The game of basketball developed from a game called peach basketball to a beloved but competitive game today. Basketball was invented in 1891 at Springfield College, Springfield, Massachusetts by Dr. James Naismith. Peach baskets were first used as goals, but without any openings in the bottoms, the ball had to be retrieved by the use of ladders after each basket. Prior to the invention of basketball, Reconstruction was in effect from the late 1860s-1870s in an attempt to lift the United States out of the days of slavery. Reconstruction was a total failure because of radical groups such as the KKK and Jim Crows Laws that denied African legal rights they were obligated by the 13, 14, 15 amendments.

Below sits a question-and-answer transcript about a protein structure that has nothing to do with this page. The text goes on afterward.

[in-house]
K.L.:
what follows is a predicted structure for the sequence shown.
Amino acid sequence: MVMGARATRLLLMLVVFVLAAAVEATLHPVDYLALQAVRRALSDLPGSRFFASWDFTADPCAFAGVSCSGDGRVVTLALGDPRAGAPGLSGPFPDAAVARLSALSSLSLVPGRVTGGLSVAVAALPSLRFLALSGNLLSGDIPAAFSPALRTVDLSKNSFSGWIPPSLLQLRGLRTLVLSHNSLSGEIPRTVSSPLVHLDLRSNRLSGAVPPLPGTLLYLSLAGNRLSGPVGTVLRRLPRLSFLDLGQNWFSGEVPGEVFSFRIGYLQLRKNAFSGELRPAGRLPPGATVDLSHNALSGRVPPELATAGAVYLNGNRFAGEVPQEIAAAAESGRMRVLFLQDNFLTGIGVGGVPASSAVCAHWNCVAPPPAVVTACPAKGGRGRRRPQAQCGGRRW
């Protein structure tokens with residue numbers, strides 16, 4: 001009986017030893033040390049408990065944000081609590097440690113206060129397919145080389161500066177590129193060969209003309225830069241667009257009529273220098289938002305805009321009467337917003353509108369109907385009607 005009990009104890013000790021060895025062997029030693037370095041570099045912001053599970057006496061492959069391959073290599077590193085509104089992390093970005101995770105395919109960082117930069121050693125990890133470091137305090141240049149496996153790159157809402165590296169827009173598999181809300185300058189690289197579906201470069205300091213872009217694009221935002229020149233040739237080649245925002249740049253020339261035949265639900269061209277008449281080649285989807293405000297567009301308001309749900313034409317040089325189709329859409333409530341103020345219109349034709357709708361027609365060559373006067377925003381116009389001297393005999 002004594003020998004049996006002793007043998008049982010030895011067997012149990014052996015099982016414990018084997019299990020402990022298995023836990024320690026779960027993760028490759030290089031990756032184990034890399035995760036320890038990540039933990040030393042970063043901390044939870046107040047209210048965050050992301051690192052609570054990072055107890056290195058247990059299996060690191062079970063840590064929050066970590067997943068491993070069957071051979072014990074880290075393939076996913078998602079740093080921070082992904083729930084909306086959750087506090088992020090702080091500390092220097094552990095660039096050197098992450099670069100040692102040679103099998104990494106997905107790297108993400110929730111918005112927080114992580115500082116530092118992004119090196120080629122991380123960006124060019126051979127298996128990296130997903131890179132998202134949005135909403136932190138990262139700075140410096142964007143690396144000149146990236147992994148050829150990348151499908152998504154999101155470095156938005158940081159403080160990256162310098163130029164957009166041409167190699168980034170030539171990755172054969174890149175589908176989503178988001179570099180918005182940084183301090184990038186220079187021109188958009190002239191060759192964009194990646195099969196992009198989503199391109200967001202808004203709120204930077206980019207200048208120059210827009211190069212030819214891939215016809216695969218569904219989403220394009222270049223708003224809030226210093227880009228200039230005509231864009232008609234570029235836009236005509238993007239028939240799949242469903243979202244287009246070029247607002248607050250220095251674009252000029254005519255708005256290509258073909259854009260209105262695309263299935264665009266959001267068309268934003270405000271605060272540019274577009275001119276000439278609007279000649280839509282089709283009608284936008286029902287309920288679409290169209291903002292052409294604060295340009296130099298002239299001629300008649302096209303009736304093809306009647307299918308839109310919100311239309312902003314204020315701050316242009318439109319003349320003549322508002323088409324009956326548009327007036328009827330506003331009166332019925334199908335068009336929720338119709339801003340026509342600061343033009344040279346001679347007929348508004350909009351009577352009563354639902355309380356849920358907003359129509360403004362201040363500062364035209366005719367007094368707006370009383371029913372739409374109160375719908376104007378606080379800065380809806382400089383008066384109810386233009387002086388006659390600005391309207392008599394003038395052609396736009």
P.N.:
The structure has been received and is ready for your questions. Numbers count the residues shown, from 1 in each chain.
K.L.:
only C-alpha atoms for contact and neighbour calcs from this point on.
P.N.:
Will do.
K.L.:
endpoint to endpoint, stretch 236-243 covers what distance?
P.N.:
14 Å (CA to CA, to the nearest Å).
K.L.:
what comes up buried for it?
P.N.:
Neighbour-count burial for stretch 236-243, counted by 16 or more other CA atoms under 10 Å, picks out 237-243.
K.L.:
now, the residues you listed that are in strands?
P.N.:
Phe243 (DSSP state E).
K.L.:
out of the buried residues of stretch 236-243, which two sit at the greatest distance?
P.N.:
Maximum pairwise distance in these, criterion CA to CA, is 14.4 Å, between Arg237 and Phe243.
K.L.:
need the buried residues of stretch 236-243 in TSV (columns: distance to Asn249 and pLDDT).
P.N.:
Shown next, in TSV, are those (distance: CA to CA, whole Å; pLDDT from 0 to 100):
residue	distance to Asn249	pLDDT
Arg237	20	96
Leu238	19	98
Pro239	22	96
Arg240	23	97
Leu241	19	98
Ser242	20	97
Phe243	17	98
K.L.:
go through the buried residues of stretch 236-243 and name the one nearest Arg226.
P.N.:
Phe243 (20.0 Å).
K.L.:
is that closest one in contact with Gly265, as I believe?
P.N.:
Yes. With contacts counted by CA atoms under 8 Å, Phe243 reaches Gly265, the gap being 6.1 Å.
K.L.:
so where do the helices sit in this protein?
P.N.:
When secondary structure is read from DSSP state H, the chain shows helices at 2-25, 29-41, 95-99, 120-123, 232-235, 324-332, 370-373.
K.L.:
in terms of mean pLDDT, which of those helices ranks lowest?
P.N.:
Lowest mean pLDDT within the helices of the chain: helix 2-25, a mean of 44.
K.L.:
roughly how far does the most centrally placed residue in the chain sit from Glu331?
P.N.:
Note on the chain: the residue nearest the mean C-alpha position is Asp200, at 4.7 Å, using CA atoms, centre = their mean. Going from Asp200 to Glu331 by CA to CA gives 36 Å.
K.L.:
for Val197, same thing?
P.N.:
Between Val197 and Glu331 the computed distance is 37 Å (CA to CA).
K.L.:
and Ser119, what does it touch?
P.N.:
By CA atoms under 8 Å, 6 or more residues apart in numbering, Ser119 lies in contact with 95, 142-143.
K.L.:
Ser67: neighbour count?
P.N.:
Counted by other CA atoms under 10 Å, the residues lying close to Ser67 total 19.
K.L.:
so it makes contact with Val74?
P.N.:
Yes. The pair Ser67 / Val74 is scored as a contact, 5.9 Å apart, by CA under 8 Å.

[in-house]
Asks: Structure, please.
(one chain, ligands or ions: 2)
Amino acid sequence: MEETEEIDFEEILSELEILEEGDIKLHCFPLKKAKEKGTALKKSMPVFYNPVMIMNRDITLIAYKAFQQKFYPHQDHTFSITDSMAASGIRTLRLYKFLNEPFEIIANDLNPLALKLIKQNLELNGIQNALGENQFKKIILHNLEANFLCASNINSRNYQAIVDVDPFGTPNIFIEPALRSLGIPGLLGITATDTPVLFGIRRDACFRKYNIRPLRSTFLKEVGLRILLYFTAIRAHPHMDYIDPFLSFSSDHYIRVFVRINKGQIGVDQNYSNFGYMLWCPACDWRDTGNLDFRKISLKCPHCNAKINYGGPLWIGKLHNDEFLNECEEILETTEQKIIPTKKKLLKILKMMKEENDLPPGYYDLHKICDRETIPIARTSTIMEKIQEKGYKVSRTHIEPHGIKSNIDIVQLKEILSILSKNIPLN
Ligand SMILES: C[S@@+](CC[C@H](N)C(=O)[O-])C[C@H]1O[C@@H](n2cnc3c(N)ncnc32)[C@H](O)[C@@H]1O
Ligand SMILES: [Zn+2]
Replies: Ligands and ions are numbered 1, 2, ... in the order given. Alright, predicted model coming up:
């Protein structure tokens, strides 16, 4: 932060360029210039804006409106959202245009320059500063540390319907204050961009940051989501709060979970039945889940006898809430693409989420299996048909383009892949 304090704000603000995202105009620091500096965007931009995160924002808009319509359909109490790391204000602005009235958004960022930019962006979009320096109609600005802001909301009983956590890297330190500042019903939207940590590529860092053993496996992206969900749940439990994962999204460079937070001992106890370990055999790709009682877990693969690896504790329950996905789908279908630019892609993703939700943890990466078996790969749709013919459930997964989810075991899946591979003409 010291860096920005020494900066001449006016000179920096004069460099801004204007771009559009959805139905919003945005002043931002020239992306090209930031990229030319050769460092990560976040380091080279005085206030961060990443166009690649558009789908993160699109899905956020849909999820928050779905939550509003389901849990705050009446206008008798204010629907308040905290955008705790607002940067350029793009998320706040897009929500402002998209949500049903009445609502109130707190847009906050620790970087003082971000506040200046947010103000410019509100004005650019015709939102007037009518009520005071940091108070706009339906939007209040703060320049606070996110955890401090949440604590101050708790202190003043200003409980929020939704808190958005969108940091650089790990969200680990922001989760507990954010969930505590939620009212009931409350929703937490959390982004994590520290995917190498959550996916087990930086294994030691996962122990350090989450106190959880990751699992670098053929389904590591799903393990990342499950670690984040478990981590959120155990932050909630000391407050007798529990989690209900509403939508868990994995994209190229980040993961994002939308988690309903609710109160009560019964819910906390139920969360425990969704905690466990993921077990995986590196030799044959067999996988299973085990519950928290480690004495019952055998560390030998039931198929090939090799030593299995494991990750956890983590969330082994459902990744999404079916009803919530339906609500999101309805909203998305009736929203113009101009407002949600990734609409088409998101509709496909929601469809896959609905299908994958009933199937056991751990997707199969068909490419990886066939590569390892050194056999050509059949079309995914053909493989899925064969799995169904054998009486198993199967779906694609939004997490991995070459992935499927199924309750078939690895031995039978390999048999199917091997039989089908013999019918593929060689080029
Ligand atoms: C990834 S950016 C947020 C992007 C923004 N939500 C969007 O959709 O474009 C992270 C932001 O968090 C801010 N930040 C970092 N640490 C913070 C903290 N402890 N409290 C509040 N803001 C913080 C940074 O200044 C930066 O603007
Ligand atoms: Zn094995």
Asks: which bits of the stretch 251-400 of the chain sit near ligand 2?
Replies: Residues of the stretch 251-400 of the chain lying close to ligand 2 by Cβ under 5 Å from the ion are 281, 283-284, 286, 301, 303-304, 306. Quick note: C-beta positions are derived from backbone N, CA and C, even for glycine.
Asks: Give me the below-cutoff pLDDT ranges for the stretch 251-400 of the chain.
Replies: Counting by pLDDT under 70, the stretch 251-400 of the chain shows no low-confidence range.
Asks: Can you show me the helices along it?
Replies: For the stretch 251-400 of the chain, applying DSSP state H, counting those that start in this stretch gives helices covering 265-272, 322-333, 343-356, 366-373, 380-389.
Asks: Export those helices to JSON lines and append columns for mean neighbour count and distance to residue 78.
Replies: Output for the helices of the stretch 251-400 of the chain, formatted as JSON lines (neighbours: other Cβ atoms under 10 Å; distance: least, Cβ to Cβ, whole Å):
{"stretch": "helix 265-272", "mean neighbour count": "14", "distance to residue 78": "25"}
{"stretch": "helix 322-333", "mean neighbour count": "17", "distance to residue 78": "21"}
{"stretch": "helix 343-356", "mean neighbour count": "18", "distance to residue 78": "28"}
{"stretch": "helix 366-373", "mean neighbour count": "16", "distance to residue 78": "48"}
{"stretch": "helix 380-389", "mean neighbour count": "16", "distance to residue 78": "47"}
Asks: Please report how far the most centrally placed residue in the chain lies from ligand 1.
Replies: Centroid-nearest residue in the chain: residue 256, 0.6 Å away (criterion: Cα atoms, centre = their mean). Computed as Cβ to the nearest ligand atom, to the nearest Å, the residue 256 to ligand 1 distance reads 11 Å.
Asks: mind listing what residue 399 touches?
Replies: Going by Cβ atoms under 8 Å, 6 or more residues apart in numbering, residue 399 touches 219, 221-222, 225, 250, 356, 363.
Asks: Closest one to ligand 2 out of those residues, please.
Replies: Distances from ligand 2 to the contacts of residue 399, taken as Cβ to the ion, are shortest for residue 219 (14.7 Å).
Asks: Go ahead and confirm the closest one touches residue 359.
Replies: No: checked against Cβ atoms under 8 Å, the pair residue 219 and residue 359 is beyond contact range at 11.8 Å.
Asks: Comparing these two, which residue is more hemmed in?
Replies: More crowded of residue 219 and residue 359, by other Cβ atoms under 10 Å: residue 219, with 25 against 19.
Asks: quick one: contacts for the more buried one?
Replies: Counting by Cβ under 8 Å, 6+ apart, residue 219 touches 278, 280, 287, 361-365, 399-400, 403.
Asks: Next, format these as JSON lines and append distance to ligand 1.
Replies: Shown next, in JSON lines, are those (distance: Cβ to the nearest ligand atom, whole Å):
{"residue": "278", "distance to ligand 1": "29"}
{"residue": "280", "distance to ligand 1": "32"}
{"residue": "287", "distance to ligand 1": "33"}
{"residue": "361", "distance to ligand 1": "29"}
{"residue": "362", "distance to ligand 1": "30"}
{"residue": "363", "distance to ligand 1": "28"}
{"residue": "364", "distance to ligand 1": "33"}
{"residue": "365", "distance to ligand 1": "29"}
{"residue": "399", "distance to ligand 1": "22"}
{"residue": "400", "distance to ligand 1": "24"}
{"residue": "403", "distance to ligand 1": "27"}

Reconstruction was a period between 1865-1877 where the United States government attempted to put the country back together after union victory in the Civil War. The 13th, 14th, and 15th amendments were instilled in an effort to oblish slavery and to effectively grant African Americans citizenship and the right to vote. Jim crow laws and white supremist groups attempted to deny African Americans these rights. According to Khan Academy, The KKK primarily performed brutal crimes against African Americans. “It is estimated that the KKK performed over 3500 racially-motivated lynchings between 1865 and 1900.” At its height in the mid-1920s, the KKK had four million members nationwide focused on torturing and killing African Americans. The KKK still exists today. African Americans continued to endure the effects of racism from slavery. Because the effects of slavery was largely still there, African Americans were not given the opporutnity to play basketball. Instead, most African Americans were still working in the fields for rich white owners after Reconstruction. This ultimately made basketball a white man’s game since its inauguration in 1891. When much taller and physically more defined black players joined the league in the 1950s, there continued to be extreme prejudice towards blacks in sports and a continuation of it can clearly be seen throughout the latter half of the 20th century until this present day. It is in this racist climate that the first black players played basketball in the NBA in the 1950s.